Art in Focus: Hiberno God by Dermot Seymour
Animals have played a central role in the artist’s work
Detail from Hiberno God by Dermot Seymour (oil on canvas, 2008)
What is it? A close-up painting of a wide-eyed young simian (perhaps a spider monkey) by Dermot Seymour.
How was it done? Presumably taken from a photographic reference. From early on, animals have played a central role in Seymour’s paintings. He has been described as a photorealist, but his ultra-realism is not photographic. It’s more pre-photographic, even Renaissance, in character – the Northern European Renaissance, that is, given a certain harshness of tone and colour that runs consistently through his work.
Where can I see it? Hiberno God is included in SILVER, a group exhibition marking Kevin Kavanagh’s 25 anniversary as a gallerist in Dublin (Kevin Kavanagh Gallery, Chancery Lane, Dublin Until December 21st kevinkavanagh.ie). Kavanagh began with the Jo Rain Gallery in Anglesea St before moving across the river to Great Strand St – and changing the gallery name. As a new arrival, Jo Rain had a lively and unpredictable energy. Kavanagh, who has strong literary interests besides a liking for visual art, brought a new sensibility to the Irish gallery scene at a time when a younger, highly capable, generation of artists was emerging. SILVER is a personal choice of mostly recent works by many of the artists he has worked with over the years (including Robert Armstrong, Gary Coyle, Vanessa Donoso Lopez, Kathy Tynan, Diana Copperwhite, Paul Nugent, Stephanie Deady and more).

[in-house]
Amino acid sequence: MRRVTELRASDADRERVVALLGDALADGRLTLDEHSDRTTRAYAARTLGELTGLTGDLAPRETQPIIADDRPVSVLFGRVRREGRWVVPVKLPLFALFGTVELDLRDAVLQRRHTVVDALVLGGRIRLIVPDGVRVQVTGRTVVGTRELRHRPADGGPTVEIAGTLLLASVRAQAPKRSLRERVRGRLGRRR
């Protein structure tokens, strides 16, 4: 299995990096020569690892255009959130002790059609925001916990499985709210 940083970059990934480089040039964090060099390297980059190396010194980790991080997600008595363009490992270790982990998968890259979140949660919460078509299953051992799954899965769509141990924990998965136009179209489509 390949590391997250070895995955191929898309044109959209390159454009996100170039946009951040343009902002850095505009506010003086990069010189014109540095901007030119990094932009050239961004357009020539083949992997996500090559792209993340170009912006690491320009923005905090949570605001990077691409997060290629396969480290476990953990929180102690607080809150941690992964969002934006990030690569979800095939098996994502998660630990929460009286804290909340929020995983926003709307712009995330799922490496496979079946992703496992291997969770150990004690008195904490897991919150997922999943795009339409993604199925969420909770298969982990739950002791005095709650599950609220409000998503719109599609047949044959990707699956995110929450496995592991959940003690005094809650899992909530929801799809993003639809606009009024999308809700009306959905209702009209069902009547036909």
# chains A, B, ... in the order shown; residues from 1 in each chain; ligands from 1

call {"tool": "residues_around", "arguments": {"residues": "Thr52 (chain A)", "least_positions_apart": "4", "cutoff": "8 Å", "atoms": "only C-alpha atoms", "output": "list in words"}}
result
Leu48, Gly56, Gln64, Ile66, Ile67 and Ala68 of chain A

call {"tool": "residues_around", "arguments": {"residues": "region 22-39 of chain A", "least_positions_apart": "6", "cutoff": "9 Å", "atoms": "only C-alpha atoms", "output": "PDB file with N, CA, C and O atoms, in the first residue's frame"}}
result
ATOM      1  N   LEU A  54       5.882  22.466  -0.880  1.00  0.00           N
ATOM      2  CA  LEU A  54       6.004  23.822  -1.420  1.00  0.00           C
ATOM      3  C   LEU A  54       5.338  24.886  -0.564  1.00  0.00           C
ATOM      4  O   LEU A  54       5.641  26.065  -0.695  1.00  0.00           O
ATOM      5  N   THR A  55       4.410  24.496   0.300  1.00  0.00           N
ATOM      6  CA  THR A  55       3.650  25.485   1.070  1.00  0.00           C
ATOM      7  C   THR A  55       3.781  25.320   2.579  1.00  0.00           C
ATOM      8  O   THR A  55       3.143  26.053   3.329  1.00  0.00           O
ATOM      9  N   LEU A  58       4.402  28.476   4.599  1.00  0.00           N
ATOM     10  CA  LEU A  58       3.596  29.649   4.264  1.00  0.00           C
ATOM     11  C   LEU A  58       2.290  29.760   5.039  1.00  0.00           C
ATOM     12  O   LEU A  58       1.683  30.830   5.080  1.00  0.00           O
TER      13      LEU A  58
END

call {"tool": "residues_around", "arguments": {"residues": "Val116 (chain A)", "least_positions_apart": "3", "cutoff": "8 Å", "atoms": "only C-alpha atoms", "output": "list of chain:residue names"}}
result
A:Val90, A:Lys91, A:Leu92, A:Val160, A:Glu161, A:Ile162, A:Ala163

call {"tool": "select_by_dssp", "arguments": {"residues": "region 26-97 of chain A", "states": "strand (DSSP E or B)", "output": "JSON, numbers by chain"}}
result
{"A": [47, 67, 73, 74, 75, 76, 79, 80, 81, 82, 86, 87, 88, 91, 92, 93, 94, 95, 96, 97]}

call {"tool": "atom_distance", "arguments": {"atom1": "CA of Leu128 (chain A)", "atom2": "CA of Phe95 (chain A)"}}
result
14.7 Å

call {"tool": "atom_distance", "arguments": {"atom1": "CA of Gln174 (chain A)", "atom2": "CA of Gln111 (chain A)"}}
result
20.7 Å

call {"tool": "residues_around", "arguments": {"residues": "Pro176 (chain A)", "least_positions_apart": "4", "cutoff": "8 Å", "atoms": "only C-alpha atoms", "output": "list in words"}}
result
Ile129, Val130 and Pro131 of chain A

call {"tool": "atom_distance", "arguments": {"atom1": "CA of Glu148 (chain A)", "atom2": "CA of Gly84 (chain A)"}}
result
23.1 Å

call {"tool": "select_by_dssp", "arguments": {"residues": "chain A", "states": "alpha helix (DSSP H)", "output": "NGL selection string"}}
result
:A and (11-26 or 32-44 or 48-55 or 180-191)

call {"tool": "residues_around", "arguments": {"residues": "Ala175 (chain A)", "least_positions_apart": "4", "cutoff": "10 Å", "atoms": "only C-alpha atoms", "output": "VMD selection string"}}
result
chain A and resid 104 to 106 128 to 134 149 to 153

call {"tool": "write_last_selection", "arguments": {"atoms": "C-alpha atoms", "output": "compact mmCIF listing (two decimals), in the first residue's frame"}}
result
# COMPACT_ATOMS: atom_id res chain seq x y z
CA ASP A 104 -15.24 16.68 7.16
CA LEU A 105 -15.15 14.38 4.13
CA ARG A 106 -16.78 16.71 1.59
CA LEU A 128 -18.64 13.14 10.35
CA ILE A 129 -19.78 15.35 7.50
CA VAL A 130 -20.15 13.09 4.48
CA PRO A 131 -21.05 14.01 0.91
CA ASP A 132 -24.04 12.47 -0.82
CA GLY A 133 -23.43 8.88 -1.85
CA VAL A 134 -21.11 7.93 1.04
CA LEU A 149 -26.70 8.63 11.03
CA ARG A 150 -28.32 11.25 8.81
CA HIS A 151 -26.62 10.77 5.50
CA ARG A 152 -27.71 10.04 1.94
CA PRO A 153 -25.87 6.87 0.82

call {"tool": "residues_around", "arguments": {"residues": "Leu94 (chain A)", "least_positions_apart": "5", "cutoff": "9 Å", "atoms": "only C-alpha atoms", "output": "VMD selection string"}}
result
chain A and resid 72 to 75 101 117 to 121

Is it a typical work by the artist? Yes and no. Seymour is probably best known for his representations of animals, domesticated and wild, naturalised in Ireland. That includes several kinds of fish (he is a fisherman), numerous cows, sheep, dogs, goats, hares and more. At one point he became known as a painter of cows. As he pointed out, there are many more cows in Ireland than humans. His depictions of animals usually refer to the activities of humans.
Born in Belfast, he grew up during the Troubles, and his first mature work dealt with the experience of living in the North. He has on occasion, and wrongly, been labelled a surrealist (his own term, magic realist, is closer to the mark). An easy mistake given that much of that early work derived from what he perceived as the surreality of Northern Ireland, arising from the bizarre, disturbing collision of the militarised and the ordinarily rural, and the fact that everything in the North had a kind of identity code – even a cow could be a Protestant cow or a Catholic cow.
His penchant for acerbic, satirical commentary established, he moved south of the border and is based in rural Co Mayo. From there he has made work commenting on agribusiness, the Celtic Tiger and its aftermath, politics and celebrity. His 2007 exhibition, eyed, concentrated on the nature of the gaze, using animals and human exemplars. Continuing the same line of enquiry, it was followed with Hibernium: A Trip Across the Head of Ireland, in 2010. Hiberno God featured in that show.